HEAD START: Synara Streeter with CQU Associate Vice-Chancellor (Central Highlands) Associate Professor Anita Milroy.
HEAD START: Synara Streeter with CQU Associate Vice-Chancellor (Central Highlands) Associate Professor Anita Milroy. Taylor Battersby

Kick starting her career path

SYNARA Streeter is a Year 12 student who has decided to "get a head start” along her future pathway by embarking on a degree at university while finishing her high school studies.

Synara, 17, said she became attracted to the Start Uni Now - or SUN - Student program when she watched a friend complete the university initiative last year.

She said she had been working on her Cert II in Agriculture through Emerald Ag College while she was in Years 10 and 11 and her friend was a year older and also completing the SUN program.

"So when I finished that I thought it would be a good idea to do this next and get a head start,” the Emerald State High School student said.

This year, Synara started the CQU Bachelor of Agriculture - she is currently studying the science and communications unit - a course she has described as "amazing” and "very informative”.

Synara, who grew up on a cattle farm near Gin Gin in Queensland, said she was hoping to follow agriculture as a career pathway but "there's no certainties yet”.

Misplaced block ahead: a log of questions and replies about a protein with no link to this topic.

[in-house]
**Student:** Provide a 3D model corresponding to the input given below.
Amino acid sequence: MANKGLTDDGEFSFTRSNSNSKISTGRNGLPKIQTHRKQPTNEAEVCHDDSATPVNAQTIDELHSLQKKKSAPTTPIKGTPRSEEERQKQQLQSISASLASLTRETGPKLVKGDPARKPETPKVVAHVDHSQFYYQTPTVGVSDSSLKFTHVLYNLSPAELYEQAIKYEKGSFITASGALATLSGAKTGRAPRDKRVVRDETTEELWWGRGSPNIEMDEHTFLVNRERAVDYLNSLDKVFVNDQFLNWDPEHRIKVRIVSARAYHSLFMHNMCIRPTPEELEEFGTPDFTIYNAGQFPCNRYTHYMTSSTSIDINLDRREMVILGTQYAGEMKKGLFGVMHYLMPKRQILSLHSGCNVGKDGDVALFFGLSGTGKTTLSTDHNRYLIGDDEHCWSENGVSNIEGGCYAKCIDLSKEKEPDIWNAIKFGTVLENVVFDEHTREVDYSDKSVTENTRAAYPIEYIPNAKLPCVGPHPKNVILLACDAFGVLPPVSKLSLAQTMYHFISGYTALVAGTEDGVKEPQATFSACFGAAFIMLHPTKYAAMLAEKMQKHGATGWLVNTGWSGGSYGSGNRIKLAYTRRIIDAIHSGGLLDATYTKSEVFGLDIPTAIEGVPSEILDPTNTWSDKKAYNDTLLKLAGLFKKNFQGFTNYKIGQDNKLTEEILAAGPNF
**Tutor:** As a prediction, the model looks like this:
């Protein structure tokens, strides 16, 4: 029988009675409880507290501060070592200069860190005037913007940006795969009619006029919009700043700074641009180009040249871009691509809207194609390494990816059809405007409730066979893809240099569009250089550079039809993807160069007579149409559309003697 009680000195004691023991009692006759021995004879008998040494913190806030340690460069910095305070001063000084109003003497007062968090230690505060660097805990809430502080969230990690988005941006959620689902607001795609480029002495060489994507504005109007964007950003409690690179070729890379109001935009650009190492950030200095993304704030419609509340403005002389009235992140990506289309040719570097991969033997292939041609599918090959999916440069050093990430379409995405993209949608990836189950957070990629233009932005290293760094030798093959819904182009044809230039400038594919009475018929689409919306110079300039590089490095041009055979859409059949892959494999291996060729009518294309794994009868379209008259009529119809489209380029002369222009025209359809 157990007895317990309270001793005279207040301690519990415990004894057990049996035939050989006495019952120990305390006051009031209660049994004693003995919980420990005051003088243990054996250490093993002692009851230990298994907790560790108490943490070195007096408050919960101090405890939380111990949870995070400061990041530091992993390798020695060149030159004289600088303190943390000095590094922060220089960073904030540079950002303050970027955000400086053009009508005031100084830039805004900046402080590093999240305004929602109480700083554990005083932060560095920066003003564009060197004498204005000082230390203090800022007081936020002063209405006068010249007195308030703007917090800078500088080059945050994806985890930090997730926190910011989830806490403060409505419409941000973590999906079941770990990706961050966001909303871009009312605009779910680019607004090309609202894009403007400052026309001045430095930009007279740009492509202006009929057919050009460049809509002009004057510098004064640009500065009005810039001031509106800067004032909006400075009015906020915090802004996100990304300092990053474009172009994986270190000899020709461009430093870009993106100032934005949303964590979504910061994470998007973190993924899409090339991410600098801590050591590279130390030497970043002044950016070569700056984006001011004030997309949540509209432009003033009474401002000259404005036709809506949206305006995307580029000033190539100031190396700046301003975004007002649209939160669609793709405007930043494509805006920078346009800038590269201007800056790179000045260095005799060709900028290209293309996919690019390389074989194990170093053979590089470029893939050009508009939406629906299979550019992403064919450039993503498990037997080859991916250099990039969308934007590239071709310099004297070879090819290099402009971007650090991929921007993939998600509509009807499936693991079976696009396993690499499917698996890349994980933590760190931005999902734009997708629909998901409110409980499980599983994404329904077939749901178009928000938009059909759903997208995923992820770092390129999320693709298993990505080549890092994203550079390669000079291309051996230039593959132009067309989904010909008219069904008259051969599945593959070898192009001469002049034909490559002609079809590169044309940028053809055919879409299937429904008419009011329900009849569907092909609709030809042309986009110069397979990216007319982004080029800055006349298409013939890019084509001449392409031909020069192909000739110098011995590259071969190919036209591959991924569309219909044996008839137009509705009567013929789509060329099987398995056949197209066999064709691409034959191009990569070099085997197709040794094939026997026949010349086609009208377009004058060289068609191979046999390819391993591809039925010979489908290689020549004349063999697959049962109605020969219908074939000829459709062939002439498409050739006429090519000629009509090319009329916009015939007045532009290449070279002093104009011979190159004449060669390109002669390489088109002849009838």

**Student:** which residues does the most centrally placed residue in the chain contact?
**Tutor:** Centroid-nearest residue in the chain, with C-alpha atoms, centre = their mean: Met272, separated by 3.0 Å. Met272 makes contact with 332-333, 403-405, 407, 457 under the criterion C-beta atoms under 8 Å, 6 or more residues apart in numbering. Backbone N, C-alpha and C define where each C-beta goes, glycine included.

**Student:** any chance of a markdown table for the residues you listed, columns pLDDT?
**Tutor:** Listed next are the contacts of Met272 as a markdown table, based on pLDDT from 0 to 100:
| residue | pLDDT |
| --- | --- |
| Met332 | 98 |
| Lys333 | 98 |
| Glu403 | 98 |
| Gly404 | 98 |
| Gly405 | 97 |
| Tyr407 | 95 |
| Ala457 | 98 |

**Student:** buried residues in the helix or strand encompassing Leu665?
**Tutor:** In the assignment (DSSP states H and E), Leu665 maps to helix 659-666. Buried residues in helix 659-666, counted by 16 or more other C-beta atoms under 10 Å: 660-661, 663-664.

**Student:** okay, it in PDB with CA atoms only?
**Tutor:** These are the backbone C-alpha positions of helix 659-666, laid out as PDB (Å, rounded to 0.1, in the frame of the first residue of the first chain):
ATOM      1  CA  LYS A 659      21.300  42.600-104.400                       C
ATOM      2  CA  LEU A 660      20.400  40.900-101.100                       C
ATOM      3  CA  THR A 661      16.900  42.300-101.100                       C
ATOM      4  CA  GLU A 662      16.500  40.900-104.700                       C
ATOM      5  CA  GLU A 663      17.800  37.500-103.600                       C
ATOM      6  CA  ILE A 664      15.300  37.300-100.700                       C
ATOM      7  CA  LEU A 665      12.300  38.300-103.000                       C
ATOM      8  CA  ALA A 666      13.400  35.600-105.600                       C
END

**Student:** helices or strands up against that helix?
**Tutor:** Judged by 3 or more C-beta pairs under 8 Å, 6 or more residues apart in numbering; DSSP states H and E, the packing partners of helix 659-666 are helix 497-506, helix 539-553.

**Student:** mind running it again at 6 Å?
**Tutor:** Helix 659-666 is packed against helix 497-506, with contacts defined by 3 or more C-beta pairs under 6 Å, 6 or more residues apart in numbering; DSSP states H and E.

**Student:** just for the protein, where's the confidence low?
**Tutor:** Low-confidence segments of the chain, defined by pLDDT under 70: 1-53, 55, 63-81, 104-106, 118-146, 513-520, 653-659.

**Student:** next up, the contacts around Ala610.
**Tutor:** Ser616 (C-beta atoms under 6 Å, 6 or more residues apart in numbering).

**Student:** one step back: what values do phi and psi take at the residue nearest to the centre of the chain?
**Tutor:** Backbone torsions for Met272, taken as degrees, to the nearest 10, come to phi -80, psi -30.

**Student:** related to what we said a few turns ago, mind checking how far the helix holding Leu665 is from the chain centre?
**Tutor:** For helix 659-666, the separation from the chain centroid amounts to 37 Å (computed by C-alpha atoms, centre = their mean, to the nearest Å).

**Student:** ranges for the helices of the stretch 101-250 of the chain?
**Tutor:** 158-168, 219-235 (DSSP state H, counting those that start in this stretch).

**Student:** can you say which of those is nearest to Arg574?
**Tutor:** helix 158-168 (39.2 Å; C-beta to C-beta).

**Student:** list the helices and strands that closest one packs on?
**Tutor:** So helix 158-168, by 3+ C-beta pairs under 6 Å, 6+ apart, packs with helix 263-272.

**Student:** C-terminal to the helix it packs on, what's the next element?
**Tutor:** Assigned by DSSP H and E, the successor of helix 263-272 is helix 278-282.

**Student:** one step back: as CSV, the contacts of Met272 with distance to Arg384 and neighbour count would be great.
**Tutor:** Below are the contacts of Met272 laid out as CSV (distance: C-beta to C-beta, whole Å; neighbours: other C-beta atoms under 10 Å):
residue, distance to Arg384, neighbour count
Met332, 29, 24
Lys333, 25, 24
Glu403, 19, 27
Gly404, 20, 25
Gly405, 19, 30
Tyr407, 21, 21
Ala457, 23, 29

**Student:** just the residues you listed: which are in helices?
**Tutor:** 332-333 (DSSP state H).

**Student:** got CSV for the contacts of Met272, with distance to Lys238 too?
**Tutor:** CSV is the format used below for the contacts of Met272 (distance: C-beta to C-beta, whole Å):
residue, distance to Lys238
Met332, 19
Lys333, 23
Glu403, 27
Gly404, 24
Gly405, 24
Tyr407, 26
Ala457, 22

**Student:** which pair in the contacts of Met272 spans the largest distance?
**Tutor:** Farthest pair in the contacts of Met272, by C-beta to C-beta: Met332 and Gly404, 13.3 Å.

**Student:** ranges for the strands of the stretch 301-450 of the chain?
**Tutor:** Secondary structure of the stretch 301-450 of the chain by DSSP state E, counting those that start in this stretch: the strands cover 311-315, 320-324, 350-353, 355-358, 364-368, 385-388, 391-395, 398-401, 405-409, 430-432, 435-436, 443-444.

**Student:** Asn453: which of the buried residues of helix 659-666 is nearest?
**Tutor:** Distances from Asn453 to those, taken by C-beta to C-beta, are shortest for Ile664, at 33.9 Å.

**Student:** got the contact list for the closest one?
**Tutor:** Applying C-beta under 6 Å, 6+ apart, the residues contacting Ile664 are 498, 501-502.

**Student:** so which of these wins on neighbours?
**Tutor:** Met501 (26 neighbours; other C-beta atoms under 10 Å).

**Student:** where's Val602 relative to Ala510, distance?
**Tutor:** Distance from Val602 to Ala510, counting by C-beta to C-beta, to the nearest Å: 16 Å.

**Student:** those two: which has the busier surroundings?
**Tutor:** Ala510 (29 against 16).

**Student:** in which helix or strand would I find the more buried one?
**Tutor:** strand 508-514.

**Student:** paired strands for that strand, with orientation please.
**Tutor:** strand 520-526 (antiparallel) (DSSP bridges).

She said the course, which she studies remotely, allowed her to explore how her studies could translate into the real world.

"It helps open a lot of doors and it's not a big chunk of work all at once. They pace it well.”

Because she completed the Cert II in Agriculture last year, Synara said she had space in her school schedule this year which allowed her to include the SUN program without affecting studies for her high school subjects.

The SUN initiative allows students in Years 10, 11 and 12 to study 'units' - similar to school subjects - while still in high school.

CQU Associate Vice-Chancellor (Central Highlands) Associate Professor Anita Milroy said the program provided another pathway for people wishing to embark on university studies.

"It's all about getting people to university via their own path, whether it be through STEPS, the SUN program or an alternative approach,” Assoc Prof Milroy said.

"Sometimes, you make plans, then life happens.

"But it really doesn't matter what happens in life, you can still embark on your career path.”

The university website describes a few of the benefits of SUN as gaining an "authentic insight” into university life and becoming eligible to apply for direct entry into an undergraduate degree.


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